Every light in the house is on

We did marriage counseling for a painful and pointless six-week stint and I thought it would help.

I thought, “Aha, now that we are really talking about things with someone else, I won’t get confused, I’ll won’t get sidetracked, I’ll have help saying what I need to say, and he will get it! He’ll really get it, finally, and of course if he gets it then he’ll change, of course. He just doesn’t get it.”

That’s what I thought, and I love how everlastingly optimistic I am but sometimes…

Damn, girl. It ain’t happening.


our marriage had turned into a painful experience of us bumping around in a room with a lot of sharp objects and all the lights off


counseling was a painful experience of discovering that we had very different understandings of why it had become that way and what we needed to do to fix it.

I’d been functioning on a cute little story that went something like this: If I keep trying, if I’m really careful, if I get rid of all my stuff and keep everything neat and organized and make sure we walk around in here slow and easy, we won’t get hurt and maybe then we can work together and find our way out.

Counseling made it pretty clear that, first of all, my story was shit. My approach wasn’t going to solve anything, undo anything, explain anything.

Counseling also made it clear that his story was very, very different than mine.

I didn’t like it. I didn’t like how he was thinking, I didn’t like how I was thinking, and most of all I didn’t like that our stories were so wildly different.

I didn’t like sitting on a couch next to him, listening to him tell the same story over and over again. I didn’t like that his story didn’t change, no matter how many times I said, “No, that’s not what I was doing. No, that’s not what I said. No, that’s not what I want. No, that’s not how it is for me. No, that’s not how I feel, not at all.”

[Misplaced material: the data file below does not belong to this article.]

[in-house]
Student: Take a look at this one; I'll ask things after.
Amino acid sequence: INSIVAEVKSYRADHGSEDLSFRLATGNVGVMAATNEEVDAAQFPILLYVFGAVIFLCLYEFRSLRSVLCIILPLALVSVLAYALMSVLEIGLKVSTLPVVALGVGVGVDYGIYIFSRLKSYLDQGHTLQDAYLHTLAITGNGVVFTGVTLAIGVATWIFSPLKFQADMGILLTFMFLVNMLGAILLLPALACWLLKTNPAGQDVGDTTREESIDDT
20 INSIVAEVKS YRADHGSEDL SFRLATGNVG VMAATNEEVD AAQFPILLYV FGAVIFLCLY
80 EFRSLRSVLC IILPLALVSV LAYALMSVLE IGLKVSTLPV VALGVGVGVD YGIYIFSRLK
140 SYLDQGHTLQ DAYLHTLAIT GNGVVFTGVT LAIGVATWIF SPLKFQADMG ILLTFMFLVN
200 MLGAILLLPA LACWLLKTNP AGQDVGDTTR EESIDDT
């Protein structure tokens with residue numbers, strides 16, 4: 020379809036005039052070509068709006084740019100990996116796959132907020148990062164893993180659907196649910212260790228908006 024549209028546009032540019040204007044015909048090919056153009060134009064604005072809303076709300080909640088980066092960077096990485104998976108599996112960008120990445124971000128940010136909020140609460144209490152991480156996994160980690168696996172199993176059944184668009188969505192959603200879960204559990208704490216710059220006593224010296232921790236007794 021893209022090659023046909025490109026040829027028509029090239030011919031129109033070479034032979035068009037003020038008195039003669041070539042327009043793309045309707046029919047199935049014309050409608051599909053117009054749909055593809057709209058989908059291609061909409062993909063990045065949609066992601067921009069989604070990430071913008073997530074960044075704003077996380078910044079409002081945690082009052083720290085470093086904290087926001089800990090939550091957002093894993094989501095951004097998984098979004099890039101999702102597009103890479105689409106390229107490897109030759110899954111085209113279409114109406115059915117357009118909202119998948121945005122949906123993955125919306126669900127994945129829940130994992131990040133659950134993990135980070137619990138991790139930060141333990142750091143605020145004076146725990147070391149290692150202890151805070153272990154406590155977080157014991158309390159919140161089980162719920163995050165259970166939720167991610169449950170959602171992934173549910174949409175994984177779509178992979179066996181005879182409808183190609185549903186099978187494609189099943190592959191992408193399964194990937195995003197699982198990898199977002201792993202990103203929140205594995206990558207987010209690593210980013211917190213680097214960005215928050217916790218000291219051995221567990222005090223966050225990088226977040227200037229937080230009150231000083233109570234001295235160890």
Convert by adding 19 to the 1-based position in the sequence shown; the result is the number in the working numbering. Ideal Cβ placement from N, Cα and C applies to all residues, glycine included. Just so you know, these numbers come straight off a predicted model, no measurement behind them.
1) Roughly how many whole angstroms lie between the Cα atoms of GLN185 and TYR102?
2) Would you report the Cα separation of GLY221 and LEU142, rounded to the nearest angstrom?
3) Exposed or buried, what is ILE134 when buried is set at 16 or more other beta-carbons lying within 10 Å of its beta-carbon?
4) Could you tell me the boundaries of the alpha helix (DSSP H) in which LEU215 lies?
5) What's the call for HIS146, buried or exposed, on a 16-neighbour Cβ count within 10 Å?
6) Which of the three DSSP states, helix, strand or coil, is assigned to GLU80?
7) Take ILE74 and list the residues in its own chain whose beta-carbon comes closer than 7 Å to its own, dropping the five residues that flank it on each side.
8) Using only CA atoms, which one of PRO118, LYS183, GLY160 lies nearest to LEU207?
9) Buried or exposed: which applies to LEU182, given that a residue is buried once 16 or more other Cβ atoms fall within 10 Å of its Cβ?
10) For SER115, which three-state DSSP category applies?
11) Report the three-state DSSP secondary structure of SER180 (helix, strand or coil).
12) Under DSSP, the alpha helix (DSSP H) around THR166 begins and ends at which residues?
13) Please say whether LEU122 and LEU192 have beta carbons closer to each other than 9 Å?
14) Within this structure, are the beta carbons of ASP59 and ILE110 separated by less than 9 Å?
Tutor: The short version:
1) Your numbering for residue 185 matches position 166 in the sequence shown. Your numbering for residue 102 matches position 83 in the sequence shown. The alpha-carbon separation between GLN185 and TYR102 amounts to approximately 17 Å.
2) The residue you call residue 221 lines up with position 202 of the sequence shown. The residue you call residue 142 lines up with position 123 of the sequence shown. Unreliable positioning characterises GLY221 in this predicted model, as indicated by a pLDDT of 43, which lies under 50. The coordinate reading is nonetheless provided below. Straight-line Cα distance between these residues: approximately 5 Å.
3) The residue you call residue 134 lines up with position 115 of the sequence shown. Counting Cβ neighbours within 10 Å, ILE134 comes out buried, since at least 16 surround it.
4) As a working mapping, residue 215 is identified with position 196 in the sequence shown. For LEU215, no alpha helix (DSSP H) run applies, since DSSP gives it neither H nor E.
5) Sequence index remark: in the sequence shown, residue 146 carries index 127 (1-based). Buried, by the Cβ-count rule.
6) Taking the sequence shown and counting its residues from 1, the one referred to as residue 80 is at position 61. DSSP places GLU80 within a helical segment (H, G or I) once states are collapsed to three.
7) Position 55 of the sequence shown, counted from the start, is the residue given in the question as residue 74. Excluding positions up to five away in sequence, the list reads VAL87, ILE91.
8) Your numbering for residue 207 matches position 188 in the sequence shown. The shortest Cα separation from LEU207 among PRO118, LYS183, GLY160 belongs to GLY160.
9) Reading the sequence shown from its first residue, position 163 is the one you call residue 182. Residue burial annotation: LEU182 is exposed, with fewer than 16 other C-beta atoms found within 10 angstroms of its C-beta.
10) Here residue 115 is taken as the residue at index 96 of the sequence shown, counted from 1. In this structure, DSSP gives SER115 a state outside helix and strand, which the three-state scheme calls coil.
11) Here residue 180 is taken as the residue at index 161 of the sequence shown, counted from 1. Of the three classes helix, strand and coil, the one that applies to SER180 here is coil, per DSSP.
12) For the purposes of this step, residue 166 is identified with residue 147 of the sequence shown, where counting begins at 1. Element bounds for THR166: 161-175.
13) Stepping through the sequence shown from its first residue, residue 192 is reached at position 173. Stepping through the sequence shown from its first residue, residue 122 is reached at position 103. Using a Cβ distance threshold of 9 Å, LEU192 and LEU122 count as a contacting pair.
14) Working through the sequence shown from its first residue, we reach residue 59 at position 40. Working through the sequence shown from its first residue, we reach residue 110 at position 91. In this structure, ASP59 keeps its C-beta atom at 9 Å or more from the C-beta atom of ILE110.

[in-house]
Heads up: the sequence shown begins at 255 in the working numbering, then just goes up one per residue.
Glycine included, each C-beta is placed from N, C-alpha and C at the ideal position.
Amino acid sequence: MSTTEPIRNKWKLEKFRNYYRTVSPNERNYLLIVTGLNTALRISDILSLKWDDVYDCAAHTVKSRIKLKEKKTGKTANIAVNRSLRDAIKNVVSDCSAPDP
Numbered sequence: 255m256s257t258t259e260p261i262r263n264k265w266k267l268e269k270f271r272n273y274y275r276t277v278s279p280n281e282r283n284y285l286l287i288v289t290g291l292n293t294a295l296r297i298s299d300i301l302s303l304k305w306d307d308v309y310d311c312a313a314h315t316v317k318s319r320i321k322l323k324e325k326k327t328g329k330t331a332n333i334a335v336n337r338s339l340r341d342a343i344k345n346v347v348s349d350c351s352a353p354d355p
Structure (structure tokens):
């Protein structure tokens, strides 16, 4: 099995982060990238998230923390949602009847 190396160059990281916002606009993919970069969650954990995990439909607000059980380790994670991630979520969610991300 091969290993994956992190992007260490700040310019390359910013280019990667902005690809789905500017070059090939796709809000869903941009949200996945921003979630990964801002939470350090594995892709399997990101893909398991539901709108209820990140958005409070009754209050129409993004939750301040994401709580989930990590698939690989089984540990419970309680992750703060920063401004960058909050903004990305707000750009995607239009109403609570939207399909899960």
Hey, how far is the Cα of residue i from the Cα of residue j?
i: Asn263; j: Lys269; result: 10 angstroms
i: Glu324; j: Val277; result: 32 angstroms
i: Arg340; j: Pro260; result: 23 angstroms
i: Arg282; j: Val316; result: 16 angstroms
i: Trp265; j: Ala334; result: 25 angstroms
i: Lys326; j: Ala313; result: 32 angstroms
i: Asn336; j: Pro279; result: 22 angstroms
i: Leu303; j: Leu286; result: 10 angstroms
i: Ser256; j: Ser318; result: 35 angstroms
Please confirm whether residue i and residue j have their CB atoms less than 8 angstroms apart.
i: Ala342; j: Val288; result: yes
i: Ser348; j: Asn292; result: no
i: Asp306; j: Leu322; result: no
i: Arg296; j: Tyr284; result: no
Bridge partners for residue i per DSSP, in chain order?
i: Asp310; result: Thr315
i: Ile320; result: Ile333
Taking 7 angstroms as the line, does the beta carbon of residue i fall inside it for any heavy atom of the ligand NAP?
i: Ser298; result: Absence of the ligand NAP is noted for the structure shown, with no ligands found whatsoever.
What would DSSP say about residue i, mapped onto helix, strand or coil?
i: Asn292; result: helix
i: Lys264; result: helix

The more I listened, the more I talked, the more I realized that his story wasn’t going to change and mine already had.

You know when you wake up at night and there’s a weird shape in your room, or in the hallway, and for a second your breath catches in your throat and you have a horrible idea of some creep lurking, some monster waiting? And then you make yourself be an adult and turn on the light and you see it’s your coat thrown over the chair and you have a little chuckle because how silly you thought that was a monster! It was just your coat.

This was like that, but the opposite.

I was so positive that if we could get the lights on, see what we were dealing with, we’d find that all those sharp pointy dangerous things causing so much pain were nothing harmful, not really. We’d have a little chuckle and sort out the misunderstandings and be on our way.

Well, that’s not entirely true. By that point, I wasn’t positive of anything at all. The lights were already coming on and the shape was forming and I was seeing that it wasn’t a harmless nothing. But I was still not good at believing myself and I needed someone else to look in that room with me, help me keep the lights on, help me see the truths no matter how much they scared me.

And that’s what happened, so I guess it wasn’t pointless after all.